President Donald Trump on Friday was implicated by prosecutors in two crimes committed by his former attorney Michael Cohen.
But Republicans are mostly shrugging their shoulders.
Democrats are suggesting Trump committed an impeachable offense and could be sent to prison in the aftermath of Friday's filing from the US Attorney's office in Manhattan, in which federal prosecutors said for the first time that Trump directed Cohen when Cohen committed crimes by paying women for their silence about alleged affairs. Republicans on Monday, however, downplayed the possible danger for Trump when asked about the new allegations, questioning whether Cohen's story was credible and saying they wanted to reserve judgment until all of the facts come out from special counsel Robert Mueller.
Sen. Orrin Hatch, the retiring Utah Republican and most-senior GOP senator, strongly dismissed the federal government's allegations that Trump committed two crimes by directing Cohen to make the hush money payments.
Asked if he had any concerns that Trump was implicated, Hatch told CNN: "The Democrats will do anything to hurt this President." Informed it was alleged by federal prosecutors in New York, Hatch said: "OK, but I don't care, all I can say is he's doing a good job as President."
Hatch added, "You're talking about things that happened before he became president."
Other senators questioned whether the allegations from Cohen that Trump was involved were credible, given the source was a known liar. Trump on Saturday denied that he directed Cohen to make the payments.
"As long as Cohen's a liar, I shouldn't give much credibility to what he says," said outgoing Senate Judiciary Chairman Chuck Grassley, who will run the Finance Committee next year.
Cohen first made the allegation in court in September that he was directed by Trump to make the payments to the two women. But prosecutors endorsed the allegation in a sentencing document for Cohen on Friday, in which they said Cohen should receive a "substantial sentence" for the crimes he committed, which included campaign finance violations for the payments to the two women, tax fraud and lying to Congress.
Grassley said that the federal prosecutors got their "information from a liar."
Sen. John Kennedy, a Louisiana Republican, questioned both that prosecutors would rely on Cohen's information and also that the allegations had strayed from the original Russia collusion investigation from the special counsel.
"Jesus loves him, but everybody else thinks he's an idiot," Kennedy told reporters. "He's obviously a sleaze-oid grifter. And if I were a prosecutor, I wouldn't base a prosecution on evidence given to me by Mr. Cohen."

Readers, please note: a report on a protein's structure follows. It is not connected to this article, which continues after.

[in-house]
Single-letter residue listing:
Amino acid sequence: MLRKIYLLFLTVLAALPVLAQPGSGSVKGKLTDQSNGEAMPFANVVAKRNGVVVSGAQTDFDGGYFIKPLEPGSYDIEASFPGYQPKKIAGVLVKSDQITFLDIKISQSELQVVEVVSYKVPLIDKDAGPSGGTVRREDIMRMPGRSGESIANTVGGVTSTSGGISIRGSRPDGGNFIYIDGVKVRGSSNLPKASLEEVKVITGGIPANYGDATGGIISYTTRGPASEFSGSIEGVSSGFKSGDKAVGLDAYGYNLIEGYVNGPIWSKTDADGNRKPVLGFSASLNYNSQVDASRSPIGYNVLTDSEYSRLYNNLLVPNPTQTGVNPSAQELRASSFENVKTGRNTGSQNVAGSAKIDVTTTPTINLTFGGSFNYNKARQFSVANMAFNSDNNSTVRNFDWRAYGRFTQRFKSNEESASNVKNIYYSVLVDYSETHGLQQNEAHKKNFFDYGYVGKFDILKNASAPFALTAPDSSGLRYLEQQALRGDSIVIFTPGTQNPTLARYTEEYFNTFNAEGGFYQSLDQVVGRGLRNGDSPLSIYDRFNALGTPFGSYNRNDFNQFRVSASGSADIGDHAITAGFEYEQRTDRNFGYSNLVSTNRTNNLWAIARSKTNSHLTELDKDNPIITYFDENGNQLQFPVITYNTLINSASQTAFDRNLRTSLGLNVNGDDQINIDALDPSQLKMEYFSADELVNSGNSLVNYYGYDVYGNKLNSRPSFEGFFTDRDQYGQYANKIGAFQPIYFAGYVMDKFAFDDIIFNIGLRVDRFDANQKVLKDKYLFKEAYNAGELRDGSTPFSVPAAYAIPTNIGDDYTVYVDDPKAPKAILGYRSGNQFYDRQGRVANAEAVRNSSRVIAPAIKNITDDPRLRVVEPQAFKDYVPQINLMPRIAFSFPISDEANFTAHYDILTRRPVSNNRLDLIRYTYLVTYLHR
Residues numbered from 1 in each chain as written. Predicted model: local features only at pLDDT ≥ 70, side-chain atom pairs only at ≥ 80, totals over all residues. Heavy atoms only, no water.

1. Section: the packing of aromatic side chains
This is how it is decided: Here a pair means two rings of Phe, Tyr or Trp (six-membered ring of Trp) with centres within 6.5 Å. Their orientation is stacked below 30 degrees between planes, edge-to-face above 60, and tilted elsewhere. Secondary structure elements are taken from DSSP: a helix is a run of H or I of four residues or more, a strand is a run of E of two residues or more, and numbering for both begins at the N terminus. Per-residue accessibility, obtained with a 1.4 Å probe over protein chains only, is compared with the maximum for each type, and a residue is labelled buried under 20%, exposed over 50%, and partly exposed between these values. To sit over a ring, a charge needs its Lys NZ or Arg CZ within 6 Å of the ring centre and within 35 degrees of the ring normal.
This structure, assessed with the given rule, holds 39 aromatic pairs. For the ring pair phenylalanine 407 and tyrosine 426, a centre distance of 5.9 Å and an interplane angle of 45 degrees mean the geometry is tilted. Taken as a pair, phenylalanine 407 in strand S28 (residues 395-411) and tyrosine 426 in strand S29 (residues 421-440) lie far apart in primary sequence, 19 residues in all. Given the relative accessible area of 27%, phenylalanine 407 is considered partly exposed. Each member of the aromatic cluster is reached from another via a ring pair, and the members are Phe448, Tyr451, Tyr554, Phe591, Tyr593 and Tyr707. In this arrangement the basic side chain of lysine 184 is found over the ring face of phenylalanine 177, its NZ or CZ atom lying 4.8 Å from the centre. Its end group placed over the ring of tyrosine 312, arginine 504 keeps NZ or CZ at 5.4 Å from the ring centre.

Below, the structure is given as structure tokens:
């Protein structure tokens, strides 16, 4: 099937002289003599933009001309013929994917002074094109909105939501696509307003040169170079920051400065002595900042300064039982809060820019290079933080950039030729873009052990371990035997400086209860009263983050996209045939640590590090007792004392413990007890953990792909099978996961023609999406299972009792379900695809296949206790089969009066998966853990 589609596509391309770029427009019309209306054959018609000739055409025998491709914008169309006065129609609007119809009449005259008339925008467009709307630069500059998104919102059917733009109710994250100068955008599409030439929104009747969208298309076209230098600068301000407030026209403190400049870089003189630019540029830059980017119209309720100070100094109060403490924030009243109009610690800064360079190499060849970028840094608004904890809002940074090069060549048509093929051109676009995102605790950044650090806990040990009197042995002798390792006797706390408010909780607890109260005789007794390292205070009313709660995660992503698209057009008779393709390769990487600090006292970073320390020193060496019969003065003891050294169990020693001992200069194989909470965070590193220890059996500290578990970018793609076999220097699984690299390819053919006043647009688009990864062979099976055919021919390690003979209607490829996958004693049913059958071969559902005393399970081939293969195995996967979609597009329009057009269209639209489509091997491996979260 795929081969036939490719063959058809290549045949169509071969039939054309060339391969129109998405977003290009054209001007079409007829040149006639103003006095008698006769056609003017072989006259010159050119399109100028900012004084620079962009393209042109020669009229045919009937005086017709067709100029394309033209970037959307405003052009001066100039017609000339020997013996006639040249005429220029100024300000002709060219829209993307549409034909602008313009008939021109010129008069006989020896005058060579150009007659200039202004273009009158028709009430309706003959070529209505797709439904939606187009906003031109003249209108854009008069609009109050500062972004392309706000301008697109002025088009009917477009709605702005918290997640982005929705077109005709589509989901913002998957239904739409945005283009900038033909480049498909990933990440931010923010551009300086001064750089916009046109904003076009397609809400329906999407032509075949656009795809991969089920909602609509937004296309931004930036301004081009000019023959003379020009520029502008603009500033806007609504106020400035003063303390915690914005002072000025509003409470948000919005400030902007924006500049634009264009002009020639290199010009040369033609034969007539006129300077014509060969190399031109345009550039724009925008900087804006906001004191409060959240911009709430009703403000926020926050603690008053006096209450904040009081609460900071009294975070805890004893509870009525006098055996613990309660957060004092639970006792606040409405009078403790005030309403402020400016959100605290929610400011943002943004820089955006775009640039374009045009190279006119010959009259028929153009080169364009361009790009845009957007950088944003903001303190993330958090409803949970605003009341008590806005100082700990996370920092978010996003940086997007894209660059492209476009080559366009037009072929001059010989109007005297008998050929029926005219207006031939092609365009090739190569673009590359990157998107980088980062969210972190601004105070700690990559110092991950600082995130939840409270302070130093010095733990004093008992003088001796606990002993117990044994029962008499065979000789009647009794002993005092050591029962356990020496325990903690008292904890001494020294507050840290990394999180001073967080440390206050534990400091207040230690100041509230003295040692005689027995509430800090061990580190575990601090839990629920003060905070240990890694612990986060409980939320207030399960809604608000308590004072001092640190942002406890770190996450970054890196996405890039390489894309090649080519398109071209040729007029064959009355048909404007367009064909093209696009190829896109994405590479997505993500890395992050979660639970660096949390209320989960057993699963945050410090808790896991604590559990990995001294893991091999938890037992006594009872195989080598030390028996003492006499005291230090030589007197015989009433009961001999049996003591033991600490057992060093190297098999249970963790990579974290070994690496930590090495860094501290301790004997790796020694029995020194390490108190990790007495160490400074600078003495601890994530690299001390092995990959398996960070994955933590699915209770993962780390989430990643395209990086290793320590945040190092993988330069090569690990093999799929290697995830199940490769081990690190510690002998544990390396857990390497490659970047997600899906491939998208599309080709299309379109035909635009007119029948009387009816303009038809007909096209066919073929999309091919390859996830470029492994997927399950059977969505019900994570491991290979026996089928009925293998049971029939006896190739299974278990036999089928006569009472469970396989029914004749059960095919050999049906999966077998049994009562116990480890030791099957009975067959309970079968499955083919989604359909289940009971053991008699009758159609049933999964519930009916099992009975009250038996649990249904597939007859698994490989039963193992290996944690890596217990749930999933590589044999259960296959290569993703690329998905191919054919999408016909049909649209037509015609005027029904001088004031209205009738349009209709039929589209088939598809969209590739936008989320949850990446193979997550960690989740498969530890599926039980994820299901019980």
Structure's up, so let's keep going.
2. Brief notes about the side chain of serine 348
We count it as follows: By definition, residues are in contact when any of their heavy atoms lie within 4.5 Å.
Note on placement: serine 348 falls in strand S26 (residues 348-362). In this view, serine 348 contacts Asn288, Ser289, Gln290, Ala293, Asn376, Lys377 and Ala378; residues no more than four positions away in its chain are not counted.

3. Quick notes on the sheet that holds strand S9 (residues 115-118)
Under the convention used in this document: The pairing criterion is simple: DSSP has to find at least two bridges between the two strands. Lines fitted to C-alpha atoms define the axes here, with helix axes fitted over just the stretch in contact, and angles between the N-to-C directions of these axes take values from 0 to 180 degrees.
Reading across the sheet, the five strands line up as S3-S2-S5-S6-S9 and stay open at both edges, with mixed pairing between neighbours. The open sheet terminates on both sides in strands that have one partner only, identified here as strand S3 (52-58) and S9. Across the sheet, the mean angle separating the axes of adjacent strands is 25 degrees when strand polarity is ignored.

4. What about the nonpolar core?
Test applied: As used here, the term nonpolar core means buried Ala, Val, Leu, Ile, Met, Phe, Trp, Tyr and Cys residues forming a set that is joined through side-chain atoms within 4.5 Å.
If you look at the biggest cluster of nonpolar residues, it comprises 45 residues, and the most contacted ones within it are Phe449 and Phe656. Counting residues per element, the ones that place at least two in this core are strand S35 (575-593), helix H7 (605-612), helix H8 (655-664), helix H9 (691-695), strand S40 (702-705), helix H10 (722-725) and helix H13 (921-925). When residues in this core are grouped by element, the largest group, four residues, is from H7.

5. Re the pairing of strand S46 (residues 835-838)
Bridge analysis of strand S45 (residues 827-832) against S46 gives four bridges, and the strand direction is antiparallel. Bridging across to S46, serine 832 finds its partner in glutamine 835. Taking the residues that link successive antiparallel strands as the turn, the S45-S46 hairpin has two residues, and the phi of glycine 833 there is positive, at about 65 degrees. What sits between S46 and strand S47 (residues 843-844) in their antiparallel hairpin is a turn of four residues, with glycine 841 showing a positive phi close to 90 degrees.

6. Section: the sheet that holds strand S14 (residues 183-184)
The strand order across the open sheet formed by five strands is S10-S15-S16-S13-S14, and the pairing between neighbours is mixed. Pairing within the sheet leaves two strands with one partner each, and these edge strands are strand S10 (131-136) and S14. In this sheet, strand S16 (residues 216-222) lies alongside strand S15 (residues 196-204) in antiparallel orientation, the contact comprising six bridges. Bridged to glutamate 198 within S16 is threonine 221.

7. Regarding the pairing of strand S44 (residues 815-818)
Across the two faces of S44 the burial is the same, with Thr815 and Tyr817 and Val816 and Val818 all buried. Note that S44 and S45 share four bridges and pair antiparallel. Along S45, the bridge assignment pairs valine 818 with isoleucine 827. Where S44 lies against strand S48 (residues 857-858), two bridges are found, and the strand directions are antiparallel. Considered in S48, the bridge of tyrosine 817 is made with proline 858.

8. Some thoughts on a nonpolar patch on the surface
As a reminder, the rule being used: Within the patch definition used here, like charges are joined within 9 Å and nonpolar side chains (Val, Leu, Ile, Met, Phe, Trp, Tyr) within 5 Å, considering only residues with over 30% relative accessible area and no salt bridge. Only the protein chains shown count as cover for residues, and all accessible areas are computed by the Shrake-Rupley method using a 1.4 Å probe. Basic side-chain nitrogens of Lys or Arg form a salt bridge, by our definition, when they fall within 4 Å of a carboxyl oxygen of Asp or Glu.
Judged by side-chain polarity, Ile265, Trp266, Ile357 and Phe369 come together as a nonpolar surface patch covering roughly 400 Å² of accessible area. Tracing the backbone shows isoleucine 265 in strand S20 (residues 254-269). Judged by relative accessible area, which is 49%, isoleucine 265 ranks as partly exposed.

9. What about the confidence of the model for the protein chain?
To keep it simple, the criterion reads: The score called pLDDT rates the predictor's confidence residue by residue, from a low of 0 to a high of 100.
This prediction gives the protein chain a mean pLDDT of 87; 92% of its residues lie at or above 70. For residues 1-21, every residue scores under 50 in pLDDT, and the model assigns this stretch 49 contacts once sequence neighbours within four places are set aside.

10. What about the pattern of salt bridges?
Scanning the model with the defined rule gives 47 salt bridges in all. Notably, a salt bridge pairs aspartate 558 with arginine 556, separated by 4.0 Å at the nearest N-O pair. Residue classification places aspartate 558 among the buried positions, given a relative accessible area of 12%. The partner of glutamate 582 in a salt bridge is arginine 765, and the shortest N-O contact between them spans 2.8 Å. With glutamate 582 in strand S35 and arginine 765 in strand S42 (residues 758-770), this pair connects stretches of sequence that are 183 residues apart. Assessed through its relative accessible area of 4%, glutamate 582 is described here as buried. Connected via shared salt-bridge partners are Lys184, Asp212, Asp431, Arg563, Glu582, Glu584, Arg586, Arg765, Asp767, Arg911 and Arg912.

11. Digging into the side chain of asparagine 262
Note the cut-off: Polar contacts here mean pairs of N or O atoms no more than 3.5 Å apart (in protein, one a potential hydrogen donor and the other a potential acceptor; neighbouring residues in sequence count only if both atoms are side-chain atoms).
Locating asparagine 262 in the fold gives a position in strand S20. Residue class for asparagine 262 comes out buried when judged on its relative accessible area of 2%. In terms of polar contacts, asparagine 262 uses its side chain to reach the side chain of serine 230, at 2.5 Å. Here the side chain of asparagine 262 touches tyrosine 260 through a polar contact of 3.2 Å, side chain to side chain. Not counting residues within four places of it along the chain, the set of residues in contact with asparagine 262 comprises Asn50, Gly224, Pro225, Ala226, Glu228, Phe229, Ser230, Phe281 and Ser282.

"Look I'm not minimizing it, this campaign finance act is important," Kennedy added. "But No. 1, it's a long way from collusion with a foreign agent to influence the election in 2016, which is what I thought this was about. No. 2, Campaign Finance Act violations are, generally, civil matters." He noted sometimes they are also criminal cases, such as the unsuccessful prosecution of former Democratic presidential candidate John Edwards.
Sen. Ron Johnson, who chairs the Homeland Security and Governmental Affairs Committee and has spent ample time investigating the Clinton email controversy, said that the federal probe would limit his ability to look into the Cohen scandal.
"I'm not sure how we would even get that information," he said when asked if his panel would examine Trump's involvement in the hush-money scheme.
South Dakota Sen. John Thune, who will be the No. 2 Senate Republican next year, said it was "premature" to judge how the Cohen developments would impact the broader investigation and Trump.
"I mean, until we know all the details -- it's a sentencing filing," Thune said. "I'm sure there's going to be a lot more come out from the Southern District (of New York) and, at some point, from the Mueller investigation as well. So, it's hard to read too much into it."
Sen. Susan Collins, a Maine Republican who is on the Senate Intelligence Committee, said she needed to wait to see all of Mueller's findings before determining whether the President may have broken the law.
"We have to get all the facts and I'm going to wait until Mr. Mueller concludes his investigation. I've not reviewed the filings that you've referred to," she said of the Cohen sentencing filing.
"I don't know that it changes things much," said Sen. Roy Blunt, who will be the No. 4 Senate Republican next year. "I think you would have to have more than this happen before anything changes much."
Hatch suggested the allegations from Cohen were being blown out of proportion in order to attack Trump.
"I don't think he was involved in crimes but even then, you know, you can make anything a crime under the current laws if you want to, you can blow it way out of proportion, you can do a lot of things," Hatch said. "All I can say is this: President Trump, before he became President, that's another world."
This story has been updated.